Going beyond economics

“So,” he asked, “what should he do?”

Straightforward as the question may seem, it was anything but. There were two tracks I could take: (1) the economic, rational track; or (2) the moral, slightly irrational track.

I can’t quite share with you what the exact nature of the discussion was, but the question would be somewhat analogous to the following:

Imagine that you and another person are participants of a social experiment, which pays both of you $5 each for participating. As part of the experiment, the experimenter passes you $10 and says that it’s to be shared with the other participant but with a catch: you decide how much you want to share. If you don’t want to share any of it, you don’t have to.

And, the other participant won’t know anything about this additional $10 that has been handed over to you. What do you do?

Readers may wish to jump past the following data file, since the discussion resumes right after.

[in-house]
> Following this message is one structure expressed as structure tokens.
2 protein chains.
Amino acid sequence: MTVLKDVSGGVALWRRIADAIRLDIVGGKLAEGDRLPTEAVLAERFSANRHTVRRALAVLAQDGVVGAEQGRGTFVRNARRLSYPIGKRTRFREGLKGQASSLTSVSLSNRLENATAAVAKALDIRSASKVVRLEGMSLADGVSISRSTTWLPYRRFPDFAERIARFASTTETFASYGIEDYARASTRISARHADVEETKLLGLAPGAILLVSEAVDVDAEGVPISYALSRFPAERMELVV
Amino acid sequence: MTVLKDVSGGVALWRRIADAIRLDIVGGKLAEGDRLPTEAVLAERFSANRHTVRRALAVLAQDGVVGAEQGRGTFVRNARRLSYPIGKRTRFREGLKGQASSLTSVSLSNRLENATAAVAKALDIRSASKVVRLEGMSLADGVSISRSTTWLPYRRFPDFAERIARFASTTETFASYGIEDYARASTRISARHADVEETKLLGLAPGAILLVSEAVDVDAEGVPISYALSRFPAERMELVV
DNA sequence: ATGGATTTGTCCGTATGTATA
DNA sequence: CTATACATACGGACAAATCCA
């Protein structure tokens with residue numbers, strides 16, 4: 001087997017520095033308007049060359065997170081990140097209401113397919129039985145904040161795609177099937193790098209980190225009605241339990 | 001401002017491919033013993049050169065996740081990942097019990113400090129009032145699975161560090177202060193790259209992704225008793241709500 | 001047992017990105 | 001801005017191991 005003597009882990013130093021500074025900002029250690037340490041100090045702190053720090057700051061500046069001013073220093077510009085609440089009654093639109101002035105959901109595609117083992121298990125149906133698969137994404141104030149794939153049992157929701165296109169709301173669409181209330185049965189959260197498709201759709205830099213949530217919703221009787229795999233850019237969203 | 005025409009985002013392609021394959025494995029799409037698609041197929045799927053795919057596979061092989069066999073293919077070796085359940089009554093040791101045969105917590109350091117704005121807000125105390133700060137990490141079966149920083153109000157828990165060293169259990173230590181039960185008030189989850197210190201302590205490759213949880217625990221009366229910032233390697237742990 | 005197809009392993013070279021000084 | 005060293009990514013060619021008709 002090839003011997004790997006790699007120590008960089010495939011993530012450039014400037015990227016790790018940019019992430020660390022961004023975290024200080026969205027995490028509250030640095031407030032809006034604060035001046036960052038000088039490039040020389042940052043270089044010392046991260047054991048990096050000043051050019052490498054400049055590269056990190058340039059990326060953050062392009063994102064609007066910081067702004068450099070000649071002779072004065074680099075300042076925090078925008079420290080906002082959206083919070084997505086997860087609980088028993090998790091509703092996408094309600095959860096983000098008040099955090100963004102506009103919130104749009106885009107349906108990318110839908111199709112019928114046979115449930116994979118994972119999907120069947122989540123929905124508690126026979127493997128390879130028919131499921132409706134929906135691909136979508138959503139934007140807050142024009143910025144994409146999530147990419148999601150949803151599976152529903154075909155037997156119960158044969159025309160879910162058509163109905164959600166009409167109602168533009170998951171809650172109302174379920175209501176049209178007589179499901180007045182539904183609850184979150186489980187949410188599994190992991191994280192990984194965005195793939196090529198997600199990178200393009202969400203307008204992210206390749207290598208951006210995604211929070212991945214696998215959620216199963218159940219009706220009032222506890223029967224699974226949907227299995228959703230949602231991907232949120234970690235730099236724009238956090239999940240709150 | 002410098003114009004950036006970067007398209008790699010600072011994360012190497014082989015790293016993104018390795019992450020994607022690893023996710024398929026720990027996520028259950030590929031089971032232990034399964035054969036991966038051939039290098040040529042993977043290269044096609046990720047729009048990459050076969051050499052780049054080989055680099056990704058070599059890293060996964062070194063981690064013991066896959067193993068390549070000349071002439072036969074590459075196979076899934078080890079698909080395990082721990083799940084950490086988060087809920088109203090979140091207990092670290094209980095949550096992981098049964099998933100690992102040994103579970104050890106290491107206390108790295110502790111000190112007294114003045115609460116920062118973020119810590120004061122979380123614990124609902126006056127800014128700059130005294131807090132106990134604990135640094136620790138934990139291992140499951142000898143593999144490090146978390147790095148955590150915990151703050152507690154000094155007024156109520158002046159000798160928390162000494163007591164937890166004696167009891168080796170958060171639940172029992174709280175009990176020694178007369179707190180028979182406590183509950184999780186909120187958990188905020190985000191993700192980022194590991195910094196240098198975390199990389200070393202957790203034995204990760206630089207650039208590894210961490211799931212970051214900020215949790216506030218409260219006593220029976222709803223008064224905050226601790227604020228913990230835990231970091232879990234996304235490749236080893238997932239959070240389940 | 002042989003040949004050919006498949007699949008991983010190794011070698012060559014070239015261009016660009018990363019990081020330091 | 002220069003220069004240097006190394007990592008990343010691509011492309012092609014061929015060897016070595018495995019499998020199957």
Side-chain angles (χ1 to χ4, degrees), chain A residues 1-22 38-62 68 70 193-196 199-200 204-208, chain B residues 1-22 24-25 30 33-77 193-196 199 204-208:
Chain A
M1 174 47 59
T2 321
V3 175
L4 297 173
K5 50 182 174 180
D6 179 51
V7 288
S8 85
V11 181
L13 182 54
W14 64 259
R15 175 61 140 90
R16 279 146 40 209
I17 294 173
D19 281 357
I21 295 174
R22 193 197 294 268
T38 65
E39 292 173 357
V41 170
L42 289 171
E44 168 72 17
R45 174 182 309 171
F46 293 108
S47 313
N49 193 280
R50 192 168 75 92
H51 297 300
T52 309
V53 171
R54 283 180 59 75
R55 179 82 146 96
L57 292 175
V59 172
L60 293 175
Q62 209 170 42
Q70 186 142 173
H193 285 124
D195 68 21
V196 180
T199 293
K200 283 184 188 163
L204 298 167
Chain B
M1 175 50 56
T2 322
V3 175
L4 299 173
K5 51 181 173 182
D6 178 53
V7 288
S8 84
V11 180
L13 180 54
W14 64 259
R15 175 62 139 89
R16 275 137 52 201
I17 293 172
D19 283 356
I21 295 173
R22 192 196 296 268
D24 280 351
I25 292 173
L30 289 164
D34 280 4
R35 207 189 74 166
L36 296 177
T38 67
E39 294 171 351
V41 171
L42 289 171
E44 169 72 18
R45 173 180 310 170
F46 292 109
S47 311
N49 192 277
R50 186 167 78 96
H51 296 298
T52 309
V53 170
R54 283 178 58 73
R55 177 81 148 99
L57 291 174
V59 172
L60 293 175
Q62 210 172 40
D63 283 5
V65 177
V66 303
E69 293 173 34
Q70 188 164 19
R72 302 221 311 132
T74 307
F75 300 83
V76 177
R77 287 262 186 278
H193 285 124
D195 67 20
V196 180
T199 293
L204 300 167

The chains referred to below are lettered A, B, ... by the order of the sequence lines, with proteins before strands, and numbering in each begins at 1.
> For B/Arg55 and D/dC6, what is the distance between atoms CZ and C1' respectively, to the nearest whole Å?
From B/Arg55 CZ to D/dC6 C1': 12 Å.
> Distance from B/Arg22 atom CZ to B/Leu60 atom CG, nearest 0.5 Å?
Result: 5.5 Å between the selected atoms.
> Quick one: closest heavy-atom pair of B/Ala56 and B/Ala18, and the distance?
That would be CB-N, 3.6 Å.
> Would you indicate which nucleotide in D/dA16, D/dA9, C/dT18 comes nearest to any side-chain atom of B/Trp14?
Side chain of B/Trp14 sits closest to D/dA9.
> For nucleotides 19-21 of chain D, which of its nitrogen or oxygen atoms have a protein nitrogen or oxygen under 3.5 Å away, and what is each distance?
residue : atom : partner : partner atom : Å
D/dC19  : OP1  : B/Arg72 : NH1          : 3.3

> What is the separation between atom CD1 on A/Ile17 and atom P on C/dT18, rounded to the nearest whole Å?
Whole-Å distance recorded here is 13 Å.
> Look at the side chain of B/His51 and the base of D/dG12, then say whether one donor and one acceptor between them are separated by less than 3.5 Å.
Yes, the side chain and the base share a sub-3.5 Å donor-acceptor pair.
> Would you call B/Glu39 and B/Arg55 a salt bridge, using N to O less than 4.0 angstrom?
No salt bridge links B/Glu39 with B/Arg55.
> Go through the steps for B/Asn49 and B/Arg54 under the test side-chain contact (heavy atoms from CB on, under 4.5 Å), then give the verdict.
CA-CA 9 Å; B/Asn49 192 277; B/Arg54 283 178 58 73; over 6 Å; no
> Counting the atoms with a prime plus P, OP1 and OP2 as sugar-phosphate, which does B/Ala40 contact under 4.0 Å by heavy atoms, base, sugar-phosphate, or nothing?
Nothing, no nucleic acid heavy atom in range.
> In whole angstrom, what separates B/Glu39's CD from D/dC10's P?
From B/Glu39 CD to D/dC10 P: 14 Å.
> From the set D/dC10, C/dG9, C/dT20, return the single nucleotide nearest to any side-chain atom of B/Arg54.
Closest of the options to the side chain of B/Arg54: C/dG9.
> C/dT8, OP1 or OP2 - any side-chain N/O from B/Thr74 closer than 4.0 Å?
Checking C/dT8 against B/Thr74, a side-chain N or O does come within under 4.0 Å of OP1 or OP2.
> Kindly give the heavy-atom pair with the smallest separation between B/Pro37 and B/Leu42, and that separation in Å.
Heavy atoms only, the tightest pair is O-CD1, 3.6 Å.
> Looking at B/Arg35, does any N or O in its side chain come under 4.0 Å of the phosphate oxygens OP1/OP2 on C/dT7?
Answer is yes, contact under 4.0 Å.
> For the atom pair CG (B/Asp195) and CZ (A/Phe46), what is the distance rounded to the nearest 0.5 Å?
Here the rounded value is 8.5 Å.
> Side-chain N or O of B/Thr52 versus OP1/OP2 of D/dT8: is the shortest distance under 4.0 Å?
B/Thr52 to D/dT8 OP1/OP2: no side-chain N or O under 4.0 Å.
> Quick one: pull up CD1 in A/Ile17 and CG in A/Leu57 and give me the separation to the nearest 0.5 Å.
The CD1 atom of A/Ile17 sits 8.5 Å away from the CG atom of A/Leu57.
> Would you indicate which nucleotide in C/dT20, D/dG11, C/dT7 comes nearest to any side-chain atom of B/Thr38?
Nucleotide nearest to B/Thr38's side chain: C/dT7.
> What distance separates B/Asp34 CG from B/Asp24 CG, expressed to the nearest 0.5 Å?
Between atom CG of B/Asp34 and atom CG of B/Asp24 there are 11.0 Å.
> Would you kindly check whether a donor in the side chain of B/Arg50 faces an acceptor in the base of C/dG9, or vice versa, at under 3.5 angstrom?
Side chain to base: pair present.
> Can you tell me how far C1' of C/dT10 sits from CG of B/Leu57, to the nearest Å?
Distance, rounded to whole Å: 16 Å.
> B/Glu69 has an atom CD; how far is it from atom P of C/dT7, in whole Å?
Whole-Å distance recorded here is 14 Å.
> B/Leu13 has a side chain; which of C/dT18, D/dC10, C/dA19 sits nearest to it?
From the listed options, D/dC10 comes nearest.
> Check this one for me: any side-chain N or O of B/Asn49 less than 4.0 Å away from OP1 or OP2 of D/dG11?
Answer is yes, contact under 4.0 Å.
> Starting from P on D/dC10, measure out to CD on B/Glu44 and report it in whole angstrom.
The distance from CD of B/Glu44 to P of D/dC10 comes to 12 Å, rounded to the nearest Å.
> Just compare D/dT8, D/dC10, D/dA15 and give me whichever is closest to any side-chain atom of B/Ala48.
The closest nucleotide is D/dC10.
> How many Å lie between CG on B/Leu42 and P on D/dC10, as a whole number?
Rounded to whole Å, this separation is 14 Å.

The economic track (that’s option 1) says that you keep the full amount. The other participant, not knowing that you have received this $10, will not be in any way worse off if he or she wasn’t offered anything.

The moral track (that’s option 2) says that you should split it 50/50: both of you did pretty much the same thing (turning up for the experiment), and there’s no real reason why it shouldn’t be split equally.

Now, that was pretty much the question that was asked of me: “What should he do?”

Take the full amount, or share it?

I chose to answer option 1, and was agreed with an attaboy smile. It was, after all, in the business’ best interest.